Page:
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N721SC accident description

Nevada map... Nevada list
Crash location 41.158056°N, 117.672500°W
Reported location is a long distance from the NTSB's reported nearest city. This often means that the location has a typo, or is incorrect.
Nearest city Winnemucca, NV
40.972958°N, 117.735685°W
13.2 miles away
Tail number N721SC
Accident date 23 Jul 2003
Aircraft type Smith Miniplane
Additional details: None

NTSB Factual Report

On July 23, 2003, at 2040 Pacific daylight time, an experimental Smith Miniplane, N721SC, lost engine power during cruise and collided with terrain 14 miles north-northeast of Winnemucca, Nevada. The pilot/owner was operating the airplane under the provisions of 14 CFR Part 91. The private pilot, the sole occupant, was not injured: the airplane sustained substantial damage. Visual meteorological conditions prevailed for the cross-country flight that departed Owyhee, Nevada, at an undetermined time. No flight plan had been filed. The flight was scheduled to terminate at the Winnemucca Municipal Airport (WMC).

The Safety Board investigator-in-charge (IIC) interviewed the pilot about 1700 the day of the accident. The pilot had been involved in an incident about 1600. The pilot reported that he departed from Hayward, California, en route to Oshkosh, Wisconsin, with various refueling stops planned along the way. After the second stop to refuel the airplane, the pilot flew an additional two hours, at which point he became disoriented and lost in the area of Owyhee. He noted that the airplane was low on fuel and decided to land on a road near a gas station. He taxied the airplane to a gas station and purchased unleaded auto fuel. While he was there, locals told him to be careful of the low wires in the area when he took off.

During the takeoff roll, the airplane did not develop lift. The pilot felt it was due to the high temperature. Because he was concerned about the low wires, he aborted the takeoff. The right wing collided with a reflector sign, which resulted in a dent approximately 8 inches inboard from the wing tip. He stated that he would place duct tape on the dent and fly it home. The IIC informed the pilot that it was his responsibility to retrieve his airplane, and that she could not give him permission to fly his airplane. The pilot indicated that he understood.

At 2125, the IIC was notified that the pilot had been involved in another accident near WMC.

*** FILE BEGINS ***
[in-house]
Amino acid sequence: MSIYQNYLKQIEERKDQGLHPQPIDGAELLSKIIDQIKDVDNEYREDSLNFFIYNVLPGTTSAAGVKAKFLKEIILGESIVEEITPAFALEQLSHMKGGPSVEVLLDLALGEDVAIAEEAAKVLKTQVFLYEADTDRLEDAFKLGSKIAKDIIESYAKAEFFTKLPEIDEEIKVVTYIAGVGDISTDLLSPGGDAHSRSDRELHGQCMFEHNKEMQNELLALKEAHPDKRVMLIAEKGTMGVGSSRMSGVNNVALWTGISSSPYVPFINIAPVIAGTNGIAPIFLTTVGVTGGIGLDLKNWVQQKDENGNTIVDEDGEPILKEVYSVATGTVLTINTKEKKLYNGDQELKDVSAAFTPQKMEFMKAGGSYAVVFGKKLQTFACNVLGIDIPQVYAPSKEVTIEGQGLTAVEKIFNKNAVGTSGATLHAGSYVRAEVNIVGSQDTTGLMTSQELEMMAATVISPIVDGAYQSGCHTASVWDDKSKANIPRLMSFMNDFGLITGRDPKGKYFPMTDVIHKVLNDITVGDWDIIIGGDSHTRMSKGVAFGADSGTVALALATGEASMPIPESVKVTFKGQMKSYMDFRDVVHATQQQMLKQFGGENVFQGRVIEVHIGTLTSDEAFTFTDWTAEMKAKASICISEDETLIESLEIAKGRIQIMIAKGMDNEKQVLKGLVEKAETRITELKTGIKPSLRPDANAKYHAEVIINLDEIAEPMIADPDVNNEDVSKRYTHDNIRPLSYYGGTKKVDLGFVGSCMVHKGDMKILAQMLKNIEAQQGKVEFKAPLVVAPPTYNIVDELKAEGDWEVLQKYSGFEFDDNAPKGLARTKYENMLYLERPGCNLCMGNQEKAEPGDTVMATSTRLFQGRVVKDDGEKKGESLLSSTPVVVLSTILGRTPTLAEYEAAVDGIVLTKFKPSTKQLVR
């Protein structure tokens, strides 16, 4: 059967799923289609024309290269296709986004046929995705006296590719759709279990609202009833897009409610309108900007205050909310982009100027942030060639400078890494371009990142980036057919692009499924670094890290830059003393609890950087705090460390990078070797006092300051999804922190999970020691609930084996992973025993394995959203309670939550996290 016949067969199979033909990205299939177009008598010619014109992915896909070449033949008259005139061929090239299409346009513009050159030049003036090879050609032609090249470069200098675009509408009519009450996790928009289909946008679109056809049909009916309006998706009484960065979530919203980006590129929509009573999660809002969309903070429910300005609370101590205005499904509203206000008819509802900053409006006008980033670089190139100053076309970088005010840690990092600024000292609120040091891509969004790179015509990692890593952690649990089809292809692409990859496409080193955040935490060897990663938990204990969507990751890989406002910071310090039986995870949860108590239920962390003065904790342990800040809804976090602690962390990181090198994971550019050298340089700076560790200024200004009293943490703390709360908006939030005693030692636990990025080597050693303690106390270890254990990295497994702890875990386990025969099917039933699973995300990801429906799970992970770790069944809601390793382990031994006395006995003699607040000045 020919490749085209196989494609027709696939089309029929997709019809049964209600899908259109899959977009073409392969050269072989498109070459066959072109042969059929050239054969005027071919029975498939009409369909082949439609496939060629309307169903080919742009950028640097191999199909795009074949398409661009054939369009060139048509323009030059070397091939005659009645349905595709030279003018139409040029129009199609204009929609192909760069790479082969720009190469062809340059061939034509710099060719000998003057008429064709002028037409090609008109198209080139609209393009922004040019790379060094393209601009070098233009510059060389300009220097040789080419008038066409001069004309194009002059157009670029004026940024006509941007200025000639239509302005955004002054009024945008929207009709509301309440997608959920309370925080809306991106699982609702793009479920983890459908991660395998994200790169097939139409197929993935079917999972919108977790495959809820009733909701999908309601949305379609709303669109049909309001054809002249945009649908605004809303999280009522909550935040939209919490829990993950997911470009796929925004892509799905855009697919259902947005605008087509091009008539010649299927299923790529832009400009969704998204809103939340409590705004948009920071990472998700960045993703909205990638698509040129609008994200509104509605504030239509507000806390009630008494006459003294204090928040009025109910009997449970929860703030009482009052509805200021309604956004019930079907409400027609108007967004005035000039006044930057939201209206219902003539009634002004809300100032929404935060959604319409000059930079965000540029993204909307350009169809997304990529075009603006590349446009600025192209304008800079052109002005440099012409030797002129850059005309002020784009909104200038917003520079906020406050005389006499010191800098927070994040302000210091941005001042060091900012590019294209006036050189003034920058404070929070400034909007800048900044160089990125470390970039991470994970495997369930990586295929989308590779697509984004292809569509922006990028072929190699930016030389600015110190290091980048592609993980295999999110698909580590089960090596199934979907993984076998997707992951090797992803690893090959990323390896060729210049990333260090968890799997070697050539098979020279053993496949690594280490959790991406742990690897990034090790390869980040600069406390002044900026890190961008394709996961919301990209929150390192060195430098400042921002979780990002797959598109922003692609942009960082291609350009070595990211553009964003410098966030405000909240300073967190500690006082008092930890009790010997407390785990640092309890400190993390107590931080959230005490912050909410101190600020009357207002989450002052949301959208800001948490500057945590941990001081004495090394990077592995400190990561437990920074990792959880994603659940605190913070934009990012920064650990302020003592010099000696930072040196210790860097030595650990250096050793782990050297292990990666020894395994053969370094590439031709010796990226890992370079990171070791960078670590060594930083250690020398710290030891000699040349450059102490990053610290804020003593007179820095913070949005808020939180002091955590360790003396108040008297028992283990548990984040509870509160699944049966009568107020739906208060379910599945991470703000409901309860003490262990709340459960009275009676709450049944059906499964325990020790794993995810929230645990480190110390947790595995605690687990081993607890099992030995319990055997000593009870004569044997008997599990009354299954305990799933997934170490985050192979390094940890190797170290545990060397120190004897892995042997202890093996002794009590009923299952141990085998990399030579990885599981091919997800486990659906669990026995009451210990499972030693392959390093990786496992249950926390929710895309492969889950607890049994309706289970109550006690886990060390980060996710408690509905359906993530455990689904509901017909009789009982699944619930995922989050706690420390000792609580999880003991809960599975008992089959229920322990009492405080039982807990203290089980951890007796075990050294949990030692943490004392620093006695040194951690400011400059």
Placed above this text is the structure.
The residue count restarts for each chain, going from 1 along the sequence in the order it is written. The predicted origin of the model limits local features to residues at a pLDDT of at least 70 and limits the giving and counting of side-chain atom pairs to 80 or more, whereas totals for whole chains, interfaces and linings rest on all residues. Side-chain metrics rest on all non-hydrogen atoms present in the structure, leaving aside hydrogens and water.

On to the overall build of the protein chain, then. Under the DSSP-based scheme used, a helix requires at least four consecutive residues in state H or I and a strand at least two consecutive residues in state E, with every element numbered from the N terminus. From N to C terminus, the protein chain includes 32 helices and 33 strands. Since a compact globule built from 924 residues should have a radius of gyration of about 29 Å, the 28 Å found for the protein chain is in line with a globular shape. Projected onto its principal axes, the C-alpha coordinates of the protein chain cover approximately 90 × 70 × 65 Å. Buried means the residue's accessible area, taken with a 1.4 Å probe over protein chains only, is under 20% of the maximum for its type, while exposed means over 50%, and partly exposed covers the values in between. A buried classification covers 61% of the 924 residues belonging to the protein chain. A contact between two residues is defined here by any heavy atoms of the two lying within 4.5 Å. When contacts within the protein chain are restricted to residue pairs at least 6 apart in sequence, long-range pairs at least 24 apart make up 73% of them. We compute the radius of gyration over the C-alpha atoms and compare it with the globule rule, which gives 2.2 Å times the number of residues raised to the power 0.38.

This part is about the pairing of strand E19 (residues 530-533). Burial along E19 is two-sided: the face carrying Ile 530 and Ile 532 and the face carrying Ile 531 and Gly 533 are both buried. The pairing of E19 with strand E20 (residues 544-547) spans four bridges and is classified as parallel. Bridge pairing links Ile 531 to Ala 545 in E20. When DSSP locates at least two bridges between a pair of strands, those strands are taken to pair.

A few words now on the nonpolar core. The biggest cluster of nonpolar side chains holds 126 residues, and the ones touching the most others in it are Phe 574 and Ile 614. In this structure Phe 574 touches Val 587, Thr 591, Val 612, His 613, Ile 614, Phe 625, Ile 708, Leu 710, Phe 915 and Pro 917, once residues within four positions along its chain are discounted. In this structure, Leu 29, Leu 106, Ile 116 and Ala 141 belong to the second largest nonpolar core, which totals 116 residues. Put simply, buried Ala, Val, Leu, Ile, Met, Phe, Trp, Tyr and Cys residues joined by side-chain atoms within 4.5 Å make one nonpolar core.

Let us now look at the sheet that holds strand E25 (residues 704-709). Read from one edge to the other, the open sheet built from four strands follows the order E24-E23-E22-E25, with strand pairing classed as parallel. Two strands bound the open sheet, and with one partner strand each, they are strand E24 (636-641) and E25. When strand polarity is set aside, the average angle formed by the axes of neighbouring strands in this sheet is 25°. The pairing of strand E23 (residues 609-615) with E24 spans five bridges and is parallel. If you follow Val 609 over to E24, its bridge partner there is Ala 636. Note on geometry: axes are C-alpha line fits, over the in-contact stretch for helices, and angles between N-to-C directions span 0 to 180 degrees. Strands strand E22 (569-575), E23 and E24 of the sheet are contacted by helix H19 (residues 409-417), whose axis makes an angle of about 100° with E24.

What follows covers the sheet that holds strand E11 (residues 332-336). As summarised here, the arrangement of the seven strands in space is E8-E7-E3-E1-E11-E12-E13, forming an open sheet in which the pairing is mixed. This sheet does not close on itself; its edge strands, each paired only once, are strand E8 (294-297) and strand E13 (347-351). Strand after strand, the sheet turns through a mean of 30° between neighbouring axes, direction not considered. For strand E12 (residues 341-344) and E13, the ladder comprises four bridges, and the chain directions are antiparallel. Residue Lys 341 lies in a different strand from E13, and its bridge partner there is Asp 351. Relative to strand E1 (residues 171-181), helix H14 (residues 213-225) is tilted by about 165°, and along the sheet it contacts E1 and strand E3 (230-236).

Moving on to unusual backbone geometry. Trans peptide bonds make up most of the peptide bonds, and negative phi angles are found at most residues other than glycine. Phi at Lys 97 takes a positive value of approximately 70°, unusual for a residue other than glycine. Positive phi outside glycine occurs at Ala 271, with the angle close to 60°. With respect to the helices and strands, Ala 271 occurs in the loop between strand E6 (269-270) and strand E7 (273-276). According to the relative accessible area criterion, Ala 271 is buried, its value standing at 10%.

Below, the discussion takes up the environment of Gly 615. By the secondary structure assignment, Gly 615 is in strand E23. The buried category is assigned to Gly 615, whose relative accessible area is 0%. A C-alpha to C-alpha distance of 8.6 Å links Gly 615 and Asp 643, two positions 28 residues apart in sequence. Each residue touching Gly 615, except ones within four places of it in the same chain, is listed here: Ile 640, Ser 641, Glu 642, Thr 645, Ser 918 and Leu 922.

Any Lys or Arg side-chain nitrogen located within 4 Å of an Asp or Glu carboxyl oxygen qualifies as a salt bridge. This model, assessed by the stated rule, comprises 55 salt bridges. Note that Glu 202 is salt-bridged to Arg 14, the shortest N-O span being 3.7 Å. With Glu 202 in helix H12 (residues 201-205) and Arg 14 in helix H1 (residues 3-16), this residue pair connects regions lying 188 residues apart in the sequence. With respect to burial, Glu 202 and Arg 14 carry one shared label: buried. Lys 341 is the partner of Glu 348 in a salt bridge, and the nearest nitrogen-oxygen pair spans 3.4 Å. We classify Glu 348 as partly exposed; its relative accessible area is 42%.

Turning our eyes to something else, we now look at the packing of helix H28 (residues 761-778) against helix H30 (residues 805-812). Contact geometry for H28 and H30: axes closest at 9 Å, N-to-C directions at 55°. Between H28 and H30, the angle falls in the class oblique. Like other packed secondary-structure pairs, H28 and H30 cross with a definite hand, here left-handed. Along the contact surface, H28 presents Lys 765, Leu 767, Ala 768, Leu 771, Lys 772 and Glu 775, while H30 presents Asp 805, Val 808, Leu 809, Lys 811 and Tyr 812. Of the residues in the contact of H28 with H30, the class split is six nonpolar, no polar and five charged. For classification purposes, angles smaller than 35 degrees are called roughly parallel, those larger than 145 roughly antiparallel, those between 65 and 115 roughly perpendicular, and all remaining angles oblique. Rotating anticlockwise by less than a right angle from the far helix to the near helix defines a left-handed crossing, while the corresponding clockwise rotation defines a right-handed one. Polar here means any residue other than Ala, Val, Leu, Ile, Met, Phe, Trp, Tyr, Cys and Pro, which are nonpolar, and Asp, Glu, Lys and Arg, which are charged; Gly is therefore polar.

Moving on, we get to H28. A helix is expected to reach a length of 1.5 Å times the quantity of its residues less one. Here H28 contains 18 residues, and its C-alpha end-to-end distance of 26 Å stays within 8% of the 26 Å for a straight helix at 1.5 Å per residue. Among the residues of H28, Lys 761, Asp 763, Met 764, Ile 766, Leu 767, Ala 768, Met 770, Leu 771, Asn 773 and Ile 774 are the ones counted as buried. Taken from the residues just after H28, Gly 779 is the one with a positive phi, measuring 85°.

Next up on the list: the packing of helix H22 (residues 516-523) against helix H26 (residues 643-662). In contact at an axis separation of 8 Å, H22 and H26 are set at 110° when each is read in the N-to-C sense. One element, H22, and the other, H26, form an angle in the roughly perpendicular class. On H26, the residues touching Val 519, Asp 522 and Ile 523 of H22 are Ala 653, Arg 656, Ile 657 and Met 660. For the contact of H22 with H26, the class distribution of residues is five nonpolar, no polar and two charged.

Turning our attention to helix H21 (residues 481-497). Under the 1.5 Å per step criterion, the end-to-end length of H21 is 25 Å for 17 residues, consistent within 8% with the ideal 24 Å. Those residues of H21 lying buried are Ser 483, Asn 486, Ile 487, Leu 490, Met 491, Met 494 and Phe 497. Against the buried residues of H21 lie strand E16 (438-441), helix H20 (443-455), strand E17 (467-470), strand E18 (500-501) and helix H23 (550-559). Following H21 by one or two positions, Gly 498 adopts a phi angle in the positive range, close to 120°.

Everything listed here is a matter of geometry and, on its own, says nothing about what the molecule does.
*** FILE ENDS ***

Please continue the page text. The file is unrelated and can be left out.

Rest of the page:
In the pilot's written statement, he reported that while flying back to WMC he again became disoriented and got lost. He located highway 95 and followed it toward WMC. About 14 miles from the airport, the airplane ran out of gas. He attempted an emergency landing on the highway. During the descent he maintained a nose-low attitude to "gain" airspeed. He stated that the ground was approaching quickly. As a result, he pulled "up on the nose." That was the last thing he remembered.

The Federal Aviation Administration (FAA) inspector interviewed the pilot. After repairing the wing tip with duct tape, he flew the airplane to Owyhee Airport (10U). He then took a dead reckoning wet compass heading for WMC. During the flight the pilot encountered light rain. Prior to reaching WMC he became disoriented and got lost. Once he figured out where he was, the engine quit. He made an emergency landing in an open dirt area near the highway. The pilot stated that when he pushed the nose over to gain airspeed the airplane was at a 45-degree nose down angle to the terrain. When he saw the ground coming up at him, he pulled the nose back, and the airplane "hit hard." The pilot stated that there were no mechanical discrepancies with the airplane.

A responding deputy from the Humboldt County Sheriff's Department stated that the surface winds were about 30 to 40 mph when he arrived on scene. He also stated that visibility was poor, and it was raining.

NTSB Probable Cause

The pilot's failure to refuel the airplane prior to fuel exhaustion, which resulted in a loss of engine power during cruise flight, and subsequent in-flight collision with terrain. A factor associated with the accident is the night light conditions.

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